16. Further reading
  17. 5 The wave aberration function
    1. 5.1 Theory of aberrations
    2. 5.2 Learning aberration theory
    3. 5.3 Heuristic approach to aberrations according to symmetry
    4. 5.4 The aberration function
    5. 5.5 Determination of the wavefront deformation
    6. 5.6 Parity of the aberrations
    7. 5.7 Note on the choice of coordinates
    8. 5.8 Summary
    9. Exercises
    10. References
  18. 6 The location and size of an image
    1. 6.1 Change of focus and change of magnification
    2. 6.2 Piston terms
    3. 6.3 Change of reference sphere radius
    4. 6.4 Images in the presence of defocus
    5. 6.5 Chromatic aberrations
    6. 6.6 Surface contributions to the chromatic aberrations
    7. 6.7 Cases of zero surface contribution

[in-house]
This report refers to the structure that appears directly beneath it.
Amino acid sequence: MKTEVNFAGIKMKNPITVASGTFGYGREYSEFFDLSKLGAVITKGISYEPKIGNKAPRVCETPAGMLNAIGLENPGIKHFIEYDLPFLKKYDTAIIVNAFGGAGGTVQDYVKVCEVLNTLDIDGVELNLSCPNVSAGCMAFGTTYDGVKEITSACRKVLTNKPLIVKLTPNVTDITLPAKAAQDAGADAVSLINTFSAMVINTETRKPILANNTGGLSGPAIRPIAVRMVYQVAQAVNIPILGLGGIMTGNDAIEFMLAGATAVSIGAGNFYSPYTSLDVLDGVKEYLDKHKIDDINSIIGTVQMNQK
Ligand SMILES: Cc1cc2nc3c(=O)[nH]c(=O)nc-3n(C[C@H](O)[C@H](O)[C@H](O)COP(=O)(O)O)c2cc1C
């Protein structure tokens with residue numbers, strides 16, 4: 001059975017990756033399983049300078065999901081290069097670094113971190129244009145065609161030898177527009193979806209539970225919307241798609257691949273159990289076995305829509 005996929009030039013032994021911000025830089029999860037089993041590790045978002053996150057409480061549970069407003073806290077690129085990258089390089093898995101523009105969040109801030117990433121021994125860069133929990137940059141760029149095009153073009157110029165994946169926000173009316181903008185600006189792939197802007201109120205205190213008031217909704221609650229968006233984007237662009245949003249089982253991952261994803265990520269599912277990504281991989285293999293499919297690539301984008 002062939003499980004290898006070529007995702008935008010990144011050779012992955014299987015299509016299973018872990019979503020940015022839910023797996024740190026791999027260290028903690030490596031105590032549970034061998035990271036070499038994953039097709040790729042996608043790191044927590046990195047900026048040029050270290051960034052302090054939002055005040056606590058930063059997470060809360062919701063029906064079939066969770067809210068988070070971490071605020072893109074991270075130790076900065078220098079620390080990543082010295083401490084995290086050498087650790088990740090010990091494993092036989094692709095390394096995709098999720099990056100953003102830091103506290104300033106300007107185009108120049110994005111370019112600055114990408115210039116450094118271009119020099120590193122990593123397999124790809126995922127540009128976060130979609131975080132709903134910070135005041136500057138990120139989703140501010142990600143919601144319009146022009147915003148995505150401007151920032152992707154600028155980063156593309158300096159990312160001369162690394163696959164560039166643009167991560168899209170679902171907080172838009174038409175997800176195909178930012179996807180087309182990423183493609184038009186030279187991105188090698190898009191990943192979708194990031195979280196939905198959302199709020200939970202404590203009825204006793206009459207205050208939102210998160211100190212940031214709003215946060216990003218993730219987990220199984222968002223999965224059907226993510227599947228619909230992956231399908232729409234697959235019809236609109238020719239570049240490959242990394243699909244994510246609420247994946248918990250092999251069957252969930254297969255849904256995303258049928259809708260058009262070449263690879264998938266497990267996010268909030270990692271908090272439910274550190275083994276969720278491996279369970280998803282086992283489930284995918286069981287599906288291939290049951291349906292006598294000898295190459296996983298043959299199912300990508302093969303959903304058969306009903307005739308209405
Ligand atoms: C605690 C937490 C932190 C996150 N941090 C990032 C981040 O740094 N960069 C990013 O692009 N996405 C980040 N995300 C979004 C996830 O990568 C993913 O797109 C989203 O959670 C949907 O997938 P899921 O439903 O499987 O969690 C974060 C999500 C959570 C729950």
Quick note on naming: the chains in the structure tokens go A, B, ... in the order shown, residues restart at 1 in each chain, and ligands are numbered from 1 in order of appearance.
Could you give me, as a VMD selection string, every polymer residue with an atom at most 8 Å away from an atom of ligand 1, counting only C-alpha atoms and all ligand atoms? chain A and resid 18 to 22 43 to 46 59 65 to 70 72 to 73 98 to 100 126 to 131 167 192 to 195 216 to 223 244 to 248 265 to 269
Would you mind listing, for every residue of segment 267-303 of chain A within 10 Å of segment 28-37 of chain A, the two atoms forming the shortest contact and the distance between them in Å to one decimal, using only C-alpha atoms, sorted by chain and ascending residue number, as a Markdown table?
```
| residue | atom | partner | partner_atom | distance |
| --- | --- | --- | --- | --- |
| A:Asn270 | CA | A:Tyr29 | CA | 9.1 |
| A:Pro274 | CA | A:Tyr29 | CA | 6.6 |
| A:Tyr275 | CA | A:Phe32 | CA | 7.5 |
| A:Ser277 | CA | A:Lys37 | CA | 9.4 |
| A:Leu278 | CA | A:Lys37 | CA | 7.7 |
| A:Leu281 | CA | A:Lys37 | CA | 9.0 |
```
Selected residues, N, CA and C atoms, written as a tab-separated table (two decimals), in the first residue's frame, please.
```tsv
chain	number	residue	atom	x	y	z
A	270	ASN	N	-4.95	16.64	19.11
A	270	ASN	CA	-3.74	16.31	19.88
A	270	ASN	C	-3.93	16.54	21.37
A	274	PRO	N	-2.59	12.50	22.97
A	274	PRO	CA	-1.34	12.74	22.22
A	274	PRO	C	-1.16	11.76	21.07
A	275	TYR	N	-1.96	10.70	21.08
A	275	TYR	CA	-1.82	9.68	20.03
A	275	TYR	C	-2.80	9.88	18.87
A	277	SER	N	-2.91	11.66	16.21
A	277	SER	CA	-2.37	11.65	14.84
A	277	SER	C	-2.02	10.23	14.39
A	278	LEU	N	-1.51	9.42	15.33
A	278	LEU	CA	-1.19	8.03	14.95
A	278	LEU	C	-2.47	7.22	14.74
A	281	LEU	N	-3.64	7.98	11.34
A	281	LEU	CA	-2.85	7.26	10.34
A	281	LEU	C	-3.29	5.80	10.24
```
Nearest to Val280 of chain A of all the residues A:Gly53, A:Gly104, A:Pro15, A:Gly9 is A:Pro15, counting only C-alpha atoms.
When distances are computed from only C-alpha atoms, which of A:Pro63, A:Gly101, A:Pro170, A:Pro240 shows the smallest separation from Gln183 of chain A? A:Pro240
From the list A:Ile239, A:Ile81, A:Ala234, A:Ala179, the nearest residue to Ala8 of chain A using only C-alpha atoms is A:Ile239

8. 6.8 Chromatic coefficients for a system of thin lenses
    9. 6.9 Cases of zero thin lens contribution
    10. 6.10 The achromatic doublet lens
    11. Exercises
    12. Further reading
  19. 7 Wavefront aberrations
    1. 7.1 Wavefront deformation
    2. 7.2 Wave aberration fans
    3. 7.3 Physical images in the presence of aberrations
    4. 7.4 Wavefront variance
    5. 7.5 Aberration balancing
    6. 7.6 The Rayleigh–Strehl ratio
    7. Exercises
    8. Further reading
  20. 8 Ray aberrations
    1. 8.1 Relationship between the wavefront deformation and the transverse ray error
    2. 8.2 Components of the transverse ray aberrations
    3. 8.3 Spot diagrams
    4. 8.4 Through focus spot diagrams
    5. 8.5 Images of extended objects
    6. 8.6 Discussion of transverse ray aberrations
    7. 8.7 Meridional and sagittal ray paths
    8. 8.8 Summary
    9. Exercises
    10. Further reading
  21. 9 Ray caustics
    1. 9.1 Principal curvatures and caustic